Saturday, April 28, 2018

Godspeed Michael Anderson

Michael Anderson, who directed such films as The Dam Busters (1955), Around the World in 80 Days (1956), and The Quiller Memorandum (1966), died April 25 2018 at the age of 98.

Michael Anderson was born on January 30 1920 in London. He came from a theatrical family. His great aunt was stage actress Mary Anderson (who was billed as Mary Navarro during her career in silent films). His parents were stage actors Lawrence and Beatrice Anderson. It was through acting that his career in film began. He appeared as an actor in the film Housemaster (1938). Afterwards he served as an assistant director on such films as Spy for a Day (1940), Freedom Radio (1941), Jeannie (1941), and Unpublished Story (1942). He appeared as an actor in the film In Which We Serve (1942).

During World War II Mr. Anderson served in the Royal Signal Corps. It was during this time that he met actor Peter Ustinov. The two co-wrote what would be the first film on which Michael Anderson had credit as director, Private Angelo (1949). Following the war Michael Anderson served as assistant director on such films as Fame is the Spur (1947), Vice Versa (1948), One Night with You (1948), and Woman Hater (1948). As mentioned above, his first film as director was Private Angelo (1948). He also directed the film Waterfront (1950).

In the Fifties Michael Anderson directed the films Hell is Sold Out (1951), Night Was Our Friend (1951), The House of the Arrow (1953), Will Any Gentleman...? (!953), The Dam Busters (1955), 1984 (1955), Around the World in 80 Days (1956), Yangtse Incident: The Story of H.M.S. Amethyst (1957), Chase a Crooked Shadow (1959), Shake Hands with the Devil (1959), The Wreck of the Mary Deare (1959), and All the Fine Young Cannibals (1960). The Dam Busters, based on the true story of the RAF's 617 Squadron's attacks on the Möhne, Eder, and Sorpe dams during World War II, was both critically acclaimed and the biggest British film at the box office in the United Kingdom for the year 1955. Around the World in 80 Days was the second highest grossing film of 1956 (after the juggernaut that was The Ten Commandments). It earned Michael Anderson an Oscar nomination for Best Director and won the Oscars for Best Picture; Best Cinematography, Colour; Best Film Editing; Best Music, Scoring of a Dramatic or Comedy Picture; and Best Writing, Best Screenplay, Adapted.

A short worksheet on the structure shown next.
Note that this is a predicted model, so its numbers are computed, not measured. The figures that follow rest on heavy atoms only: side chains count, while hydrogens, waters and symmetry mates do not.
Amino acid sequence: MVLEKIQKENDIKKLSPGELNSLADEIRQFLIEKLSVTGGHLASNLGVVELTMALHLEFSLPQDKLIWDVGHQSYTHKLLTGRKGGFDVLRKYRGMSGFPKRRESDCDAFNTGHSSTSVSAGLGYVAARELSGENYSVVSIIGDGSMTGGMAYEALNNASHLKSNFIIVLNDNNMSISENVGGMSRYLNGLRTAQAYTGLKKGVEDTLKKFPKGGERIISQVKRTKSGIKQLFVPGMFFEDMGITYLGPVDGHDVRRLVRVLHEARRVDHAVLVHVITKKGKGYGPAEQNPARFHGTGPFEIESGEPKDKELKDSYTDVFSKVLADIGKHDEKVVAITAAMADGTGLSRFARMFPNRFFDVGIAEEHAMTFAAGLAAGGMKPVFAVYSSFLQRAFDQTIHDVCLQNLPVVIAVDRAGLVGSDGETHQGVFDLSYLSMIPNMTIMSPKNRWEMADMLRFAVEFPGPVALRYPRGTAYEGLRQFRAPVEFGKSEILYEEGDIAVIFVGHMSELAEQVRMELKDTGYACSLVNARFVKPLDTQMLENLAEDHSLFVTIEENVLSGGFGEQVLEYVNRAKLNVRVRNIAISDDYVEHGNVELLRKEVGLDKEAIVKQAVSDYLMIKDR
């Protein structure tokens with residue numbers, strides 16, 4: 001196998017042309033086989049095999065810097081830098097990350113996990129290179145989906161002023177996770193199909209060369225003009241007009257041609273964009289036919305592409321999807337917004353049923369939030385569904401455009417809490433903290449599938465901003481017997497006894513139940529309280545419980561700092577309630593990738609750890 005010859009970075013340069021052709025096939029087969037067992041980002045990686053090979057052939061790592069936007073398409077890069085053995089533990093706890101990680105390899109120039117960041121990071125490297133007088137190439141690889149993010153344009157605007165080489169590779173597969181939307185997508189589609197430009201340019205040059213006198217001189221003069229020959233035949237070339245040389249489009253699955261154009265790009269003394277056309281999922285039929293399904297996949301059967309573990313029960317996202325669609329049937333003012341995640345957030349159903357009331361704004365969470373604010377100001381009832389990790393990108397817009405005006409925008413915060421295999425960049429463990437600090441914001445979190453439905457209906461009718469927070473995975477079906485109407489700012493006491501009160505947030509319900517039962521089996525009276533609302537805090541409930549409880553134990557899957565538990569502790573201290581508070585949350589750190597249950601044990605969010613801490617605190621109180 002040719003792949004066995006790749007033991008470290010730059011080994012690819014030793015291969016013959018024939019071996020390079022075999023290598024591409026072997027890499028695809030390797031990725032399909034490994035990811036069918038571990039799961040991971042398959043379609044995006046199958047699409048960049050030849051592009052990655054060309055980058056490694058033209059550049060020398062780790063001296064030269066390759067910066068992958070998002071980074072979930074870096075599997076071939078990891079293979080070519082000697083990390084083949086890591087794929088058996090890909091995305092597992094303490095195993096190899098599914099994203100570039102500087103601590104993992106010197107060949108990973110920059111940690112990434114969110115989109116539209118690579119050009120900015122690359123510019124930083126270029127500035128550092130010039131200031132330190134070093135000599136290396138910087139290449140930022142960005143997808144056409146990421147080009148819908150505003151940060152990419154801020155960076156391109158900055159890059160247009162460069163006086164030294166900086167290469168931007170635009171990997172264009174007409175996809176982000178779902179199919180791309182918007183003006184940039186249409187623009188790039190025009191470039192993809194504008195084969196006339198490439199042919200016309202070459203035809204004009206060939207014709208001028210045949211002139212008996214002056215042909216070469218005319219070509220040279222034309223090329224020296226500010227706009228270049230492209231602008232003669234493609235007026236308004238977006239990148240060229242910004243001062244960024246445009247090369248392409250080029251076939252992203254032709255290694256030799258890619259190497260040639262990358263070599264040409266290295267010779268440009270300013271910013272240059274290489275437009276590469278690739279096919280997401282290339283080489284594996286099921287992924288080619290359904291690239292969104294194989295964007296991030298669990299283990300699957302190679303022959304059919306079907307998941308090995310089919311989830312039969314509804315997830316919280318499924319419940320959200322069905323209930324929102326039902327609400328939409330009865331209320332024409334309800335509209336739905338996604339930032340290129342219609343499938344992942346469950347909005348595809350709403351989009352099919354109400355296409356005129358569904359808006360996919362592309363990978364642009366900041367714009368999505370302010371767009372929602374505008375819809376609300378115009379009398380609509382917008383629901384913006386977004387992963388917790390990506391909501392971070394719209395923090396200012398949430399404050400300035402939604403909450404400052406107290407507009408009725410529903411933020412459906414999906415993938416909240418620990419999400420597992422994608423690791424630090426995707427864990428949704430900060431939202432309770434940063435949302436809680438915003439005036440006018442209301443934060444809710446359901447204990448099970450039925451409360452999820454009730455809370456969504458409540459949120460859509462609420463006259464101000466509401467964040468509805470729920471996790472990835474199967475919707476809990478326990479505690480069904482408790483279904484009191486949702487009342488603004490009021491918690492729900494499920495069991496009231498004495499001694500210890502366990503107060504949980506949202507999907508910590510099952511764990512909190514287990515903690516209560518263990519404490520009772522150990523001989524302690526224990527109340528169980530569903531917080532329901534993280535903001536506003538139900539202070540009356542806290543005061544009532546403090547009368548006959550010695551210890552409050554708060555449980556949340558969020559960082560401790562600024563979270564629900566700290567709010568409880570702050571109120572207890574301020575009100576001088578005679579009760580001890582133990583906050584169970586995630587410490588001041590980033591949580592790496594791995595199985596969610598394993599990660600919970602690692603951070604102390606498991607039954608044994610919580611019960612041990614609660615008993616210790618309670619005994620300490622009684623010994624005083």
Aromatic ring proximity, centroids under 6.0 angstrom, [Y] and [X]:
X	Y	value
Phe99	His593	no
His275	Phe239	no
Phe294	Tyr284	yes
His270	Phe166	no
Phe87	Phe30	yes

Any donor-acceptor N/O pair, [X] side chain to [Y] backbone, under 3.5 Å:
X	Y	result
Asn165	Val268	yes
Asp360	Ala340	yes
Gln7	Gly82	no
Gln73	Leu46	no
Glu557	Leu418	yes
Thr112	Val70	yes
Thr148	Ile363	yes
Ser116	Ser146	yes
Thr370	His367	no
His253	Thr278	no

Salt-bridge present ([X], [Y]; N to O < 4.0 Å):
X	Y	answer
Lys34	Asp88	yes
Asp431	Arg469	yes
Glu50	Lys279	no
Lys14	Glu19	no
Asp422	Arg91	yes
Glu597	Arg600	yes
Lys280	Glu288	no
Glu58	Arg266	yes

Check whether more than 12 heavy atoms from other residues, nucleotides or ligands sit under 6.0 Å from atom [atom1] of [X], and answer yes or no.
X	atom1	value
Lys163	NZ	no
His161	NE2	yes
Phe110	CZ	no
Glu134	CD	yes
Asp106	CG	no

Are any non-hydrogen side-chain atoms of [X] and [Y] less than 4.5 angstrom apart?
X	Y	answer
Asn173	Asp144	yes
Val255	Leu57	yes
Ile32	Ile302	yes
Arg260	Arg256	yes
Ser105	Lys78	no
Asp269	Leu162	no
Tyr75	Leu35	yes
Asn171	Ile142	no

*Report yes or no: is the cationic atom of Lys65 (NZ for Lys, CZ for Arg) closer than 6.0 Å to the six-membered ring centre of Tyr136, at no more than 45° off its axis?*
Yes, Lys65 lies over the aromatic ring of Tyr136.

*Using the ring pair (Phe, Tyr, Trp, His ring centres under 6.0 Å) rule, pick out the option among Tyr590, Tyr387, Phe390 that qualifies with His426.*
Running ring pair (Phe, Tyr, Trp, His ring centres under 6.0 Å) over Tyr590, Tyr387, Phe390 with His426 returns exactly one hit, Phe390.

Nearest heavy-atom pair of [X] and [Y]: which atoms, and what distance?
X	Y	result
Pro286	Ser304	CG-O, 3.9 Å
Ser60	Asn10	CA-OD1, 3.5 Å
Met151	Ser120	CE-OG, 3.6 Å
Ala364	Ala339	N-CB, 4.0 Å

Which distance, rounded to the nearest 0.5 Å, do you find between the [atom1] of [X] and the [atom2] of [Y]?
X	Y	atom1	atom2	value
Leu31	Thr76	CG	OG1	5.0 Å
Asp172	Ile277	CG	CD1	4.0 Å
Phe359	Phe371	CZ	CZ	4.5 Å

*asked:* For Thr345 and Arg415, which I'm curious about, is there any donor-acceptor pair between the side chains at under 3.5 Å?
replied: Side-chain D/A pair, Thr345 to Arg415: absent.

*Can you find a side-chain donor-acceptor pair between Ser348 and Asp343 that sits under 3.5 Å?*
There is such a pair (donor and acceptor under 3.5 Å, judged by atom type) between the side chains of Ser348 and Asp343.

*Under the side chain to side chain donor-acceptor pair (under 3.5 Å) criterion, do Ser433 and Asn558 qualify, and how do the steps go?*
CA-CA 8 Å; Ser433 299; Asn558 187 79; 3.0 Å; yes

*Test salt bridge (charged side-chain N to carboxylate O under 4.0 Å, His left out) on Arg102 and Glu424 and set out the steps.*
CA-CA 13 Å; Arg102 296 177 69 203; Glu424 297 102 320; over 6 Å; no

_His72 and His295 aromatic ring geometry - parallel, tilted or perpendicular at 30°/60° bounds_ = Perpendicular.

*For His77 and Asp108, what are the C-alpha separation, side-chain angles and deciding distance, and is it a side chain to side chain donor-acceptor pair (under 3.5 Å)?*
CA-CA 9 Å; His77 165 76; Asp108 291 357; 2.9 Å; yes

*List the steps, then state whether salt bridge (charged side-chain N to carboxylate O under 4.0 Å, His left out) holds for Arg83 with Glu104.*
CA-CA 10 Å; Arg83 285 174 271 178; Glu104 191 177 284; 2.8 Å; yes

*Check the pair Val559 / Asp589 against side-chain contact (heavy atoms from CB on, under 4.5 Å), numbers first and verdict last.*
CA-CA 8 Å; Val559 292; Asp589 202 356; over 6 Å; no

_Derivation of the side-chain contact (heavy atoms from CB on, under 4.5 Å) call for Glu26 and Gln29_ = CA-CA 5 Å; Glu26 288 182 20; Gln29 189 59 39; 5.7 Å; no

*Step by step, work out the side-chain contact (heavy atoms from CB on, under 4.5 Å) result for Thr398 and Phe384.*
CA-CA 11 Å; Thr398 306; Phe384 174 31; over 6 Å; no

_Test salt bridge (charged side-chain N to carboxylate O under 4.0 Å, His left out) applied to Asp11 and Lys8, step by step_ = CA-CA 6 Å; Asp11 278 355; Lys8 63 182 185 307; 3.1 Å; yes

In the Sixties Michael Anderson directed The Naked Edge (1961), Flight from Ashiya (1964), Wild and Wonderful (1964), Operation Crossbow (1965), The Quiller Memorandum (1966), and The Shoes of the Fisherman (1968).  In the Seventies Mr. Anderson directed Pope Joan (1972), Doc Savage (1975), Conduct Unbecoming (1975), Logan's Run (1976), Orca (1977), and Dominique (1979). He directed the television mini-series The Martian Chronicles.

In the Eighties Michael Anderson directed Murder by Phone (1982), Second Time Lucky (1984), Separate Vacations (1986), La bottega dell'orefice (1988), and Millennium (1989).  He directed the TV movie Sword of Gideon. In the Nineties he directed the TV movies Young Catherine, The Sea Wolf, Rugged Gold, Captains Courageous, and 20,000 Leagues Under the Sea. He directed the films Scales of Justice (1992), Summer of the Monkeys (1998), and The New Adventures of Pinocchio (1999).

Michael Anderson was a very talented director. Arguably he was at his best directing war films. The Dam Busters is not only a classic of the genre, but arguably one of the greatest films ever made. Yangtse Incident: The Story of H.M.S. Amethyst and Operation Crossbow also number among Mr. Anderson's best films. Of course, he could make films in other genres. Around the World in 80 Days stands out as one of his greatest achievements (it set the records for most camera set ups, most sets, most costumes, and most people shot in separate locations worldwide). His later work in television was often better than some of his work in feature films. Mr. Anderson did have some misfires in his career, but even when a particular movie's script might not be up to par, his direction was always excellent.

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